Zuama’s role in the peace process during the lebanese civil war (1983-1987)

Mohammad Riza Widyarsa, Susanto Zuhdi

Research output: Chapter in Book/Report/Conference proceedingChapterpeer-review

Abstract

Lebanon is a country with a unique political system. As a country with a population divided into several religious groups, this country adopts a political system based on confessionalism. This system is a political system that divides power based on religion. However, in Lebanese society, every religious group is led by zuama who are traditional leaders that can be trace to the time of Ottoman rule. The task of the zuama is to lead each of their communities (which are certainly based on religion) and carry out their leadership patterns with the patron-client method. The patron-client method run by these zuama aims to give something to their community, such as finding a job or giving advice. In return, the clients must provide political support to the zuama, and formally recognize the zuamas as their leader. This enables the zuama to play an important role in Lebanese politics, such as being members of parliament, ministers, even the president. This paper explains the role of zuama, in solving the conflicts in Lebanon during the 1983-1987 civil war. The negotiations examine in this paper are the Geneva Talks in 1983, the Lausanne Conference in 1984, and the Tripartite Accord in 1985. It also explores how and why they tried to negotiate, how they were involved and became the negotiators at the same time during the civil wars. The research was conducted through various documents, which are documents and newspapers archives. Books and articles from journals were also used as secondary sources. The method used in this research is astructuralist approach, in order to see the role of zuama within the Lebanese society. By using all the methods above, this paper reveals that the zuama played important roles during the Lebanese civil war in 1983- 1987. They acted both as militia leaders who conducted military operations, while at the same time also acted as delegates during every single negotiations. The strong positions that they hold in each negotiations means that they still have significant leverage as leaders of Lebanon, which means that some elements in Lebanese society still regards zuama as their community leaders.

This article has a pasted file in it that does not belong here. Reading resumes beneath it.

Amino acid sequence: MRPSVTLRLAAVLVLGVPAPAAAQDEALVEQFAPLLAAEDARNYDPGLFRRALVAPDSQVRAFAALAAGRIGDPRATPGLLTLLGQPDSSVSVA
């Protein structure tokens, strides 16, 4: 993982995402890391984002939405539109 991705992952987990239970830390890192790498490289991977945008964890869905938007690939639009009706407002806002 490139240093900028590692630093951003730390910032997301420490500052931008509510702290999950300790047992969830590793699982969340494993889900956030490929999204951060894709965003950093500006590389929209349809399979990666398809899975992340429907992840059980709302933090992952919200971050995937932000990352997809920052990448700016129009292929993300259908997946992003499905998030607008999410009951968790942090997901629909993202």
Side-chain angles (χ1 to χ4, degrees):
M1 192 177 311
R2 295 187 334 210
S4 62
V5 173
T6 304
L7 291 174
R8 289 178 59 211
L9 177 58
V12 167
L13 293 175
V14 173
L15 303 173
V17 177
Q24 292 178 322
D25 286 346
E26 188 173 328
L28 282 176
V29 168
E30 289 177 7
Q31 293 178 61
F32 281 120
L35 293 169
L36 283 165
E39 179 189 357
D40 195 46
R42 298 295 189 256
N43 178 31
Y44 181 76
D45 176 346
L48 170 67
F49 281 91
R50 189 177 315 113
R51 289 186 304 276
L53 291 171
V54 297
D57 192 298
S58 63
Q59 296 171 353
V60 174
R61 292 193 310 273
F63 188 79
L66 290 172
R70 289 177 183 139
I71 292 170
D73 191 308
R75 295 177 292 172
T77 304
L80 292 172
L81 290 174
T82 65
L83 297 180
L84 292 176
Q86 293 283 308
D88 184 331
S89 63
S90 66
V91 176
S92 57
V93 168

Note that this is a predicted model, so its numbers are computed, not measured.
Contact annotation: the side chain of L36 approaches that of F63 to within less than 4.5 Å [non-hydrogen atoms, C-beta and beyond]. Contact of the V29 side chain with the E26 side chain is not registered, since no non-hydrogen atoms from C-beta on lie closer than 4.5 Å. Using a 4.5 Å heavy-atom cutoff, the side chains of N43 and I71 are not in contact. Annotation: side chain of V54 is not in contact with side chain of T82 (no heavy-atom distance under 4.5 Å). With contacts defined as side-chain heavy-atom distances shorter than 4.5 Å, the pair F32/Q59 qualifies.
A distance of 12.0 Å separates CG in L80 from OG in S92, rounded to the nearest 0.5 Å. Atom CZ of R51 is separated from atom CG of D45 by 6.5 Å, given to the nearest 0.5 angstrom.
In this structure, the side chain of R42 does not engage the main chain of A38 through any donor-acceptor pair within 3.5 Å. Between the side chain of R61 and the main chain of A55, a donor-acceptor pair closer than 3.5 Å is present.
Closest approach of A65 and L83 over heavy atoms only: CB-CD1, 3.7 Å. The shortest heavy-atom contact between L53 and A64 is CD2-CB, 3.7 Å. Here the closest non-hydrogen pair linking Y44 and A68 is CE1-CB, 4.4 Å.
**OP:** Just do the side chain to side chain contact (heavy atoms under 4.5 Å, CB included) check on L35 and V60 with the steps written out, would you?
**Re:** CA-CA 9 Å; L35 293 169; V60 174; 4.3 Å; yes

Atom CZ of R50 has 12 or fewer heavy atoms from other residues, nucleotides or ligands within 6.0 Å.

Original languageEnglish
Title of host publicationDissecting History and Problematizing the Past in Indonesia
PublisherNova Science Publishers, Inc.
Pages307-319
Number of pages13
ISBN (Electronic)9781536193992
Publication statusPublished - 1 Jan 2021

Keywords

  • Civil war
  • Geneva talks
  • Lausanne conference
  • Tripartite accord
  • Zuama

Fingerprint

Dive into the research topics of 'Zuama’s role in the peace process during the lebanese civil war (1983-1987)'. Together they form a unique fingerprint.

Cite this